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How Apple’s New Privacy Rules are a Good Thing for Influencers

I was probably unreasonably geeked when I saw that Apple’s new privacy rules that are rolling out in the fall of 2020. In this short post, you’re going to have an understanding of what Apple’s new privacy practices are, how they will affect the online space and why it’s a good thing for content creators.

Apple’s New Privacy Rules: The Features

When an app wants to track or collect data on a user, an Apple device will prompt the user. You’re actually already familiar with this. It’s just like the prompt you receive if an app wants to access your photos or access your microphone. But now, thanks to Apple’s new privacy rules, that prompt will say “Do you permit [app] to use your location data?” (For example.)

Also, an app will have to say which data they have on you that is linked to you. For example, financial information, contacts, browsing history, location purchases, and identifiers.

Probably the coolest part of this update is what Apple’s User Privacy Manager calls a “nutrition label for apps.” After the update, when you log into the app store, you will see that each app will have a nutrition label of sorts that shows what data they collect from users of the app, and what they do with it. That will be that data that’s linked to you and data that’s used to track you. The privacy updates will also apply if you’re a safari user. You will see a privacy report on that bar of Safari. You’ll be able to see all the third party trackers on a website when you’re on a website using Safari.

How is This Good for Content Marketing?

So what does this mean for content creators and influencers? Well, first, people in general might be less inclined to use certain apps once they see how their data is being used. Second, and most importantly, bought and paid for ads like Google ads like Facebook ads may start to be less effective when people are more in control of their own data.

That is where organic content marketing comes in. If traditional advertisements are less effective, because the data tracking has become harder to do or less effective itself, then don’t you see how organic content marketing can be all the more attractive? You, as a content creator, have analytics that don’t tie to any specific person. You can show engagement and keep track of that information without violating anyone’s privacy. And so content marketing and influencer marketing can only go up in value.

My opinion is that content marketing and influencer marketing will only continue to increase. So keep plugging away, and keep creating that content.

Breaking Up With A Brand (+ protecting yourself in the future)

It’s no secret that we are in the middle of a huge, huge civil rights movement. And one of the many consequences of that is that our eyes are being opened as to the values of many brands. Consumers are looking into the values of different companies and different brands where they spend their money.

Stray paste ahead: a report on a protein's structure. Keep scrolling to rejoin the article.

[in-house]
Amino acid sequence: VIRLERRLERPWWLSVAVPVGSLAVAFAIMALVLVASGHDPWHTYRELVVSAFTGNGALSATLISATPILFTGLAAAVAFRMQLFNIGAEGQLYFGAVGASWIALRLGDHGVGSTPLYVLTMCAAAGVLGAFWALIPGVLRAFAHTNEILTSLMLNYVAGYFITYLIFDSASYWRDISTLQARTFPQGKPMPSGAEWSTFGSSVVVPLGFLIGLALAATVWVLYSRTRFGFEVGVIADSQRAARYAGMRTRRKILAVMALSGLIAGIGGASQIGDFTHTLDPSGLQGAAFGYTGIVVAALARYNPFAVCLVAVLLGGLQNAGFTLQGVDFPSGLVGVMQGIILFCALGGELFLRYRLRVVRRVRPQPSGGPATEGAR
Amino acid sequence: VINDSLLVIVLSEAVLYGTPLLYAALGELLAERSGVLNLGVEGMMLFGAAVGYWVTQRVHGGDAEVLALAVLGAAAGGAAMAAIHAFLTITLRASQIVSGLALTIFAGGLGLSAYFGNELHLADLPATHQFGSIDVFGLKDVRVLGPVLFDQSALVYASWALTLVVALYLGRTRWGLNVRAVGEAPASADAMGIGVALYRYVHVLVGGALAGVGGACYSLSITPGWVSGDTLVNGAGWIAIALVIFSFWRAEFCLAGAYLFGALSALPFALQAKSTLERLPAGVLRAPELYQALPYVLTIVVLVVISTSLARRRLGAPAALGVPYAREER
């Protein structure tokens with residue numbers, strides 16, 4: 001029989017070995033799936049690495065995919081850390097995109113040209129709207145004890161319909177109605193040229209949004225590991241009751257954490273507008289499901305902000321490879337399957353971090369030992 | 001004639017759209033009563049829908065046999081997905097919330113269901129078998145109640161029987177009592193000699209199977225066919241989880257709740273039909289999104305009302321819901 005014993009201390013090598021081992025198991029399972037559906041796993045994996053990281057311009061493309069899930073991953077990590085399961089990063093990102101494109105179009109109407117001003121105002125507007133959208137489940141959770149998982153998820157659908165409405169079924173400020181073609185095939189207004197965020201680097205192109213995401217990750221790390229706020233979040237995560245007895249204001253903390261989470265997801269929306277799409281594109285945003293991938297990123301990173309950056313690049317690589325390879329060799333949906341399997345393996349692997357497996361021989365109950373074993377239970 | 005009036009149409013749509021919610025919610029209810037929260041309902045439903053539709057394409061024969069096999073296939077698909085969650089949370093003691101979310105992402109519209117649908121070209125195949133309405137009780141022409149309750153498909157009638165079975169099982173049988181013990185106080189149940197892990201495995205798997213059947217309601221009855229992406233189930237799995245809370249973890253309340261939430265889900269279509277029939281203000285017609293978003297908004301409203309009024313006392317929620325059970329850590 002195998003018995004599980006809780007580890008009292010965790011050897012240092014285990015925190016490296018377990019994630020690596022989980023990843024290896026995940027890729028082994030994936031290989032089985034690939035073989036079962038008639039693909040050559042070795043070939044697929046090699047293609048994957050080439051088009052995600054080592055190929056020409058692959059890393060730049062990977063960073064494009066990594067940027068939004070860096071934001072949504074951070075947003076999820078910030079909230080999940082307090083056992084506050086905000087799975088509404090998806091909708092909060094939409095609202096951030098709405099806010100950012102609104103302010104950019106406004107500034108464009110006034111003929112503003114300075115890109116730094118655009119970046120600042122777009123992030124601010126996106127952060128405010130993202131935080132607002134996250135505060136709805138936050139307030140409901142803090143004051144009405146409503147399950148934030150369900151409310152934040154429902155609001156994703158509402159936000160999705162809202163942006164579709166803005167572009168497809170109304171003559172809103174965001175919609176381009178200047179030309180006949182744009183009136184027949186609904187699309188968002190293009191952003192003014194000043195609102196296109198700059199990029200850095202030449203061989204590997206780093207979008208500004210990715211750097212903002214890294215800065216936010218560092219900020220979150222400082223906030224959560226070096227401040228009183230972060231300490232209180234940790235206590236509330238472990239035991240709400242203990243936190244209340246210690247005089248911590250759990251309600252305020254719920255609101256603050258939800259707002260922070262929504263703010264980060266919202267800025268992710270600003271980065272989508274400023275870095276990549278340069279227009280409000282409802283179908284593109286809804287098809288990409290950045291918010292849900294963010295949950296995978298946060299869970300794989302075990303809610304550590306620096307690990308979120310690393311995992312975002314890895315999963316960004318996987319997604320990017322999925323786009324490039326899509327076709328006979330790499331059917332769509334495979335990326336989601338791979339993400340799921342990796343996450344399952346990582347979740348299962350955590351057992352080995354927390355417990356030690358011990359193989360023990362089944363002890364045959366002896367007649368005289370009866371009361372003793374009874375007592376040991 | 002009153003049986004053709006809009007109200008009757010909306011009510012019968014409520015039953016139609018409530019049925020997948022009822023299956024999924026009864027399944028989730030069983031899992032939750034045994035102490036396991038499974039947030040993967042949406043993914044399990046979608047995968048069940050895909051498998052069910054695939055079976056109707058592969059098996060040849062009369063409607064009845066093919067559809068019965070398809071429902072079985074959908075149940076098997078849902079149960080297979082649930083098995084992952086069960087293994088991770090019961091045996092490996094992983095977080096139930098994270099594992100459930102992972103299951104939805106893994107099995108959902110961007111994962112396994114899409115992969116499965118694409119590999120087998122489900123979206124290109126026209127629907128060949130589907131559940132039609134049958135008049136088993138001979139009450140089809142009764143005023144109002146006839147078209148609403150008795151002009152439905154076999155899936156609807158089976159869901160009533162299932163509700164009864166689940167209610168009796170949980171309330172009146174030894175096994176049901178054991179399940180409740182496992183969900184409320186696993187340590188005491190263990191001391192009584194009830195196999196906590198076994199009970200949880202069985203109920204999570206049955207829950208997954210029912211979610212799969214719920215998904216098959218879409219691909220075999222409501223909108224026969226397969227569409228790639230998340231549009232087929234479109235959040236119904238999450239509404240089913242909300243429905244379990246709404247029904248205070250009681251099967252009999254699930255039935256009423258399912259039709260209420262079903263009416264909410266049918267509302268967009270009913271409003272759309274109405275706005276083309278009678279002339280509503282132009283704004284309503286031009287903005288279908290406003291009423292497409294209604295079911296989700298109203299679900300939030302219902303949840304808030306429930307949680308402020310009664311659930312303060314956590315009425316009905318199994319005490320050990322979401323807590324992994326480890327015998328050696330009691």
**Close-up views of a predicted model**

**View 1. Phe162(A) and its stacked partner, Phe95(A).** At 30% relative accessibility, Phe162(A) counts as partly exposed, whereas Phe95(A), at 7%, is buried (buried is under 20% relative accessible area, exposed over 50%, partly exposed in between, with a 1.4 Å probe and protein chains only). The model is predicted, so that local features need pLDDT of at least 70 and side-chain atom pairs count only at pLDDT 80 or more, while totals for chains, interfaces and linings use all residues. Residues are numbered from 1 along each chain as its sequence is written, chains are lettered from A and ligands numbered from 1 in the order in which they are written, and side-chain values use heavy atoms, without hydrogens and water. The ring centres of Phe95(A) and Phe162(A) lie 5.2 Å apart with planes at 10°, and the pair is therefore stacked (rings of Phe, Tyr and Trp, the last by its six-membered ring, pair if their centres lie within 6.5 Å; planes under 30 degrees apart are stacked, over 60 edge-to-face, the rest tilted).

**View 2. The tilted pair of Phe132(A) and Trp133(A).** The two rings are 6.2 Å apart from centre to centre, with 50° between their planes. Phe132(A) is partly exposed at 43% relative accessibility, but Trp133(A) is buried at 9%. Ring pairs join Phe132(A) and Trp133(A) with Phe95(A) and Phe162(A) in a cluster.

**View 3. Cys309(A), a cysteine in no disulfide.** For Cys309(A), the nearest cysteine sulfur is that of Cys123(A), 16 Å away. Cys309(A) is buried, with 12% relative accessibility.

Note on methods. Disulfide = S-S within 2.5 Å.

You, as an influencer might find yourself wanting to break up with a brand because your values and that brand’s values don’t align. Maybe that brand is a little too apathetic for your taste, or the brand has been outwardly, atrociously racist.

So how do you break up with a brand? What do you do? In this post, you will learn what to look for in your existing endorsement contract if you want to break up with a brand. You’ll also learn about a few things to have in place before you sign with a brand. So here we go.

Breaking Up an Existing Brand Deal

Let’s first discuss where to look if you’re thinking of breaking up with a brand you’re currently involved with. Number one, you want to look at the termination section in your existing contract. In other words, under what circumstances can a relationship be terminated? Most likely, your contract will say something about when you can terminate. But you also want to make sure and see what happens to any existing obligations if you terminate the agreement. Also, what happens to the money if you terminate?

Number two, if there’s nothing there to guide you, then think about having a conversation. It could be just a matter of you saying, “Look, I’m very passionate about X. You do not seem to feel the same way. We, as an influencer and brand, don’t make sense. I don’t see any reason to continue this relationship further.” You never know where a conversation might get you.

Protecting Yourself in Future Brand Deals

There are some things to look out for before signing your name on the dotted line in future brand deals. Ideally, you build in the ability to break up with a brand if you don’t jive with it any longer. You’re also protecting yourself from getting the axe under some unfair circumstances.

So first, again, make sure that the termination section is there to protect you. You want to understand when it’s okay for you to terminate, and understand what, if any, waiting periods apply if you want to terminate. Sometimes, for example, 30 days’ notice might be required. And then, again, you want to understand what happens to any money they paid you up front if you terminate.

Next, consider a mutual morality clause. A morality clause is something that you find in a typical endorsement contract. Even before the age of Instagram influencers, you’d see a morality clause. You think about this in the context of athletes more traditionally. What comes to mind for me? Tiger Woods and his whole cheating/ sex scandal thing. He lost $22 million in endorsements throughout the course of the year when all of that came out. It’s meant to cover scandals and “bad behavior.” But again, we could argue that it should cover “bad behavior” on the part of a brand, too. So if there’s a morality clause that speaks to your behavior, turn that right around and make it mutual. (Mutual meaning it goes both ways.)

Another, more creative option is to put in a clause that basically says:

“Hey, I, influencer, I talk on a number of things that I’m passionate about. And if there’s a topic that I have posted about or spoken about before, then you cannot terminate this agreement based on me talking about that, again.”

This idea is not the end-all-be-all because it doesn’t protect you from obviously talking about new passions, new interests. But it’s an additional protection that you might think about.